No. 1 Auburn's recent struggles on the road against SEC competition finally caught up with it on Tuesday as the Tigers dropped an 80-76 overtime thriller to a red-hot Arkansas team. The upset ends Auburn's winning streak at 19 games and extends Arkansas' current streak to nine as the Razorbacks continue to rebound from an 0-3 start to league play.
Arkansas (19-5, 8-3 SEC) used a 7-0 run consisting entirely of free throws to build a six-point lead in overtime and held on from there despite a pair of late 3-pointers from Auburn freshman phenom Jabari Smith. As the final buzzer sounded, many from a record crowd of 20,327 at Bud Walton Arena filled the floor in celebration of the program's second-ever victory against a top-ranked opponent; the first win against a No. 1-ranked opponent came when Arkansas knocked off Michael Jordan's North Carolina squad in Pine Bluff, Arkansas, during the 1983-84 season.
In terms of NCAA Tournament implications, Tuesday's outcome elevates Gonzaga to the top overall seed and drops Auburn (22-2, 10-1 SEC) to the No. 2 overall seed in the projected NCAA Tournament bracket, according to CBS Sports Bracketology expert Jerry Palm. On the Arkansas side, it will do nothing but help a Razorbacks squad that entered the night as a projected No. 8 seed.
JD Notae, who entered tied with Vanderbilt's Scotty Pippen as the SEC's leading scorer, led the Razorbacks with 28 points. Smith contributed 20 for the Tigers. In regulation, Arkansas' Jaylin Williams hit a layup with 23 seconds left to tie the game, and Auburn's Wendell Green Jr. missed a 3-pointer in the final seconds to bring on the extra period.
Auburn narrowly scraped out a 55-54 win at Missouri on Jan. 25 in its first game after reaching the top spot in the AP Top 25 for the first time in program history. Then, after double-digit victories against Oklahoma and Alabama, the Tigers needed more late-game heroics on Saturday to knock off lowly Georgia 74-72.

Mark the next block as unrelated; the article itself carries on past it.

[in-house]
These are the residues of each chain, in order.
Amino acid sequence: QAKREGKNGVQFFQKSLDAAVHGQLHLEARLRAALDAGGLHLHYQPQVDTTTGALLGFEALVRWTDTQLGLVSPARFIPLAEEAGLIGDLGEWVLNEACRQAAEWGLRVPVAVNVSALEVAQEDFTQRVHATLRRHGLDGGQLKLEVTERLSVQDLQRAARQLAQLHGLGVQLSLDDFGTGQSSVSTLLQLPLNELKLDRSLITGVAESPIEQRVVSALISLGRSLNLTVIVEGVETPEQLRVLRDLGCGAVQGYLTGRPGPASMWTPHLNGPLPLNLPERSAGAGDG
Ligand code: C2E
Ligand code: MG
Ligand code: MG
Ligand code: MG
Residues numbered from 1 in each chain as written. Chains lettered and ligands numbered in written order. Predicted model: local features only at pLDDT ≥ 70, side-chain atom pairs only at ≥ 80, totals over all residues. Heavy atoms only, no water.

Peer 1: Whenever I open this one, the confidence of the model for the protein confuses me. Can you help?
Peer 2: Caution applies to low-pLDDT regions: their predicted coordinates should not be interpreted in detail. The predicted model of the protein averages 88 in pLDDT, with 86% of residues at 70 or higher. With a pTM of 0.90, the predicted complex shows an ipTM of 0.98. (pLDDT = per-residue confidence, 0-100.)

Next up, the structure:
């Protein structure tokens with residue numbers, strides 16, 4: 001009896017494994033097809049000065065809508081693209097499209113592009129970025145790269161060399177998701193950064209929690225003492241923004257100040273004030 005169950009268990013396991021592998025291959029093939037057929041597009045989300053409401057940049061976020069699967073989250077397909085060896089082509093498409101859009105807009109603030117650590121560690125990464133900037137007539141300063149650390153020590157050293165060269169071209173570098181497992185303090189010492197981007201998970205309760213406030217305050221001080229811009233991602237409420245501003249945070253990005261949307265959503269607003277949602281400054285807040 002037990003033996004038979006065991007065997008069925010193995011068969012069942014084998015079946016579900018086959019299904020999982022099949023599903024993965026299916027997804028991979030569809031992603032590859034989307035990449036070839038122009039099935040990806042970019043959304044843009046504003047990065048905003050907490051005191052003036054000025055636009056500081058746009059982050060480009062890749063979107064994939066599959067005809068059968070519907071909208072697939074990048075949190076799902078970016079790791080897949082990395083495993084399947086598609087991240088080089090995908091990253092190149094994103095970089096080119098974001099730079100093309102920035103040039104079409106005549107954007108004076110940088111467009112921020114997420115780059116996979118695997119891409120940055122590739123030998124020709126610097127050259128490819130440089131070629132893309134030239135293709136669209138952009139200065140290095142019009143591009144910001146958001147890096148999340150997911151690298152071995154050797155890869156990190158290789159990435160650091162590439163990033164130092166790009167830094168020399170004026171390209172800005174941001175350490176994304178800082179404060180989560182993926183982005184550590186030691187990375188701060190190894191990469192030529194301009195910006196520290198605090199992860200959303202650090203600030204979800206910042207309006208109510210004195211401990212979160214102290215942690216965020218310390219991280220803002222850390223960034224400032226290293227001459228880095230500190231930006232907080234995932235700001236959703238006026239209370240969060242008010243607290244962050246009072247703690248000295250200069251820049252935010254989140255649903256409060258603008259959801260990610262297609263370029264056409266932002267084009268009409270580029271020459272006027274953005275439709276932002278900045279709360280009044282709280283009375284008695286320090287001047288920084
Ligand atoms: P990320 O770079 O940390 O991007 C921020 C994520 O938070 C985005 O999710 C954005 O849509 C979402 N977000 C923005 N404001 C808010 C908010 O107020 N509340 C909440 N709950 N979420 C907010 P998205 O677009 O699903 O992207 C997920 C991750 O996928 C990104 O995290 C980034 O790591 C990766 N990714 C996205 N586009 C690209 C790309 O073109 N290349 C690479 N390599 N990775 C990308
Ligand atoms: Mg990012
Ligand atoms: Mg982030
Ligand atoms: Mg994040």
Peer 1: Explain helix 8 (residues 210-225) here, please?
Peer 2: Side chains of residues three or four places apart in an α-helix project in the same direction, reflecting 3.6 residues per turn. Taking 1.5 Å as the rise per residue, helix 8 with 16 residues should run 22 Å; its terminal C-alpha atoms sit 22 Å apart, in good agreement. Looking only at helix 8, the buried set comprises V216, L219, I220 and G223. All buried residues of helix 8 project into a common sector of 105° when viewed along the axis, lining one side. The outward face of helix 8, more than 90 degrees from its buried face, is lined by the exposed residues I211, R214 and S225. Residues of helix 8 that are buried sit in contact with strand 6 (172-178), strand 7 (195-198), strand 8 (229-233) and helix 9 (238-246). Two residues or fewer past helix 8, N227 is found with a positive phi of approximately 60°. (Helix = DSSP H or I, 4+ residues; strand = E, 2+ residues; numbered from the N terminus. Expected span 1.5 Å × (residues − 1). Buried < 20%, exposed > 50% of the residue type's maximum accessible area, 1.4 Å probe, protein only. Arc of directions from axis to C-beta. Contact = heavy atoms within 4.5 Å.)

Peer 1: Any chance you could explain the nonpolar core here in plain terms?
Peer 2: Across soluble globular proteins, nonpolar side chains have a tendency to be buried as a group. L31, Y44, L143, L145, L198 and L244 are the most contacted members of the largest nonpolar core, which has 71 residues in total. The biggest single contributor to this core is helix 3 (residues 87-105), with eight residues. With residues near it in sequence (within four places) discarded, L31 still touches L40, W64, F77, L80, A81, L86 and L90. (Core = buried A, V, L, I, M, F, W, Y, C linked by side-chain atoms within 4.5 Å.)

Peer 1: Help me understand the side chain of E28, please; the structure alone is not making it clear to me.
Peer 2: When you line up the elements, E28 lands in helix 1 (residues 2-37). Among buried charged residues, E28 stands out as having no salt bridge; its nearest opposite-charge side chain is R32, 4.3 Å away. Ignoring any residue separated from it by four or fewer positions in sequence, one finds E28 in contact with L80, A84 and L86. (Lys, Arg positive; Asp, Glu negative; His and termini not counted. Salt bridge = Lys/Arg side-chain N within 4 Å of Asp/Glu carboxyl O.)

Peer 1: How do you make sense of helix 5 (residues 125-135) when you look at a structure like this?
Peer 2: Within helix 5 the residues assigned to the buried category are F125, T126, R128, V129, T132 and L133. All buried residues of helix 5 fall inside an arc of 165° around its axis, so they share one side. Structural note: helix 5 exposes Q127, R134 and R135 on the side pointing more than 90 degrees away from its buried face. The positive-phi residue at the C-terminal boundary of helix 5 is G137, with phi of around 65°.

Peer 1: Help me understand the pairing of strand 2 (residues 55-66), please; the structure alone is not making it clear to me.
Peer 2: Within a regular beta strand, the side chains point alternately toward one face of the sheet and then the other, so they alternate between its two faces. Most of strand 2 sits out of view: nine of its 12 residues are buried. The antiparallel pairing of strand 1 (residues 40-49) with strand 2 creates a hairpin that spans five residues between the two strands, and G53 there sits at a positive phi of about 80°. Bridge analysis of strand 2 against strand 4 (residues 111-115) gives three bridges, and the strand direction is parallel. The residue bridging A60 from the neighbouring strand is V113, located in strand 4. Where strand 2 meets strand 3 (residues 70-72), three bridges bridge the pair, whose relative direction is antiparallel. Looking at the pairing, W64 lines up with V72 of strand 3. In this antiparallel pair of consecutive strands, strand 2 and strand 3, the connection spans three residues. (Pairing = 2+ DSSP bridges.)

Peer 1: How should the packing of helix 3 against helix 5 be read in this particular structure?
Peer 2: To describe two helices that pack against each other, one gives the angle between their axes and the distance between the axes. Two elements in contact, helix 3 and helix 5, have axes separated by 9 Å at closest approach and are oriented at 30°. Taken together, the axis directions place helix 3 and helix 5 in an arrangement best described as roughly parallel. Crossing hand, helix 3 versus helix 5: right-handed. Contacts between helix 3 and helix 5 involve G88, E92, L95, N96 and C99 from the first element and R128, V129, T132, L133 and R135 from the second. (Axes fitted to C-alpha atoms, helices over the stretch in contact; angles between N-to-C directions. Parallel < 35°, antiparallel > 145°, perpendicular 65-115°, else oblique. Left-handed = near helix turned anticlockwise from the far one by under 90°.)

Coach Bruce Pearl has admitted in recent interviews that his team may be a bit fatigued amid the mayhem, and its inability to close out another close game may have been a reflection of that.
Here are a few takeaways from the thrilling upset on Tuesday night.
Arkansas coach Eric Musselman left no doubt in his postgame interview with ESPN's Alyssa Lang that his team noticed the way Auburn hyped itself up during pregame warmups. With just under an hour to go before tip-off, the Tigers started dancing at mid-court. Fans who had already found their seats seemed to take exception to that as boos could be heard raining down on the scene.
"You know, they danced on our logo before the game," Musselman said. "We watched that. What a great win for this program. It's so awesome."
An Arkansas team riding an eight-game winning streak needed no extra motivation to take on the nation's No. 1 team. But the Tigers may have provided the Razorbacks with some anyway through their pregame actions.
Here come the Hogs
When Arkansas lost at Texas A&M on Jan. 8 and fell to 10-5 (0-3 SEC), the Razorbacks woke up the next morning at No. 93 in the NET ranking, keeping company with the likes of Navy at No. 92 and Missouri State at No. 94. For a program coming off an Elite Eight appearance that had been ranked No. 10 in the AP poll just over a month before, it looked like the bottom was falling out.
The Razorbacks have not lost since.
Tuesday's win was particularly important because it marked just their second Quad 1 victory. Arkansas played a light nonconference schedule and was always going to make up ground during league play to build a solid NCAA Tournament resume. Wins over LSU and West Virginia in recent weeks were nice, but even those victories have been somewhat de-legitimized due to the recent struggles of those teams.
Beating Auburn is different, though. The Tigers are a projected No. 1 seed in the NCAA Tournament, and beating a team of that caliber adds some much-needed and long-awaited heft to the Razorbacks' resume.
Unless No. 2 Gonzaga loses against Pacific or Saint Mary's this week, Auburn might have to kiss its first-ever No. 1 ranking goodbye. The Zags are already No. 1 in the Coaches Poll and have been receiving a decent minority share of the first-place AP poll votes during Auburn's three-week stay at No. 1.
But Tuesday's result doesn't change the outlook or ceiling of this Tigers team. There were several easy fixes that haunted Auburn in the loss that can, and likely will, be corrected soon.
Auburn ranked third in the SEC in free throw shooting at 75.3% entering the game but made just 8 of 17 attempts against the Razorbacks. Also, with starting point guard Zep Jasper missing his second straight game due to illness, Auburn was without arguably its top perimeter defender and one of the primary facilitators of its offense.
Jasper averages only five points per game and isn't the flashiest player on a deep and talented roster. But he is a sure-handed guard who was obviously missed on Tuesday as the Tigers committed 19 turnovers compared to just 11 for Arkansas. The Razorbacks capitalized with a 24-10 edge in points off turnovers.
Auburn may relinquish No. 1 come Monday's new polls, but there was nothing about Tuesday's loss to suggest it will be incapable of claiming it back in the weeks ahead.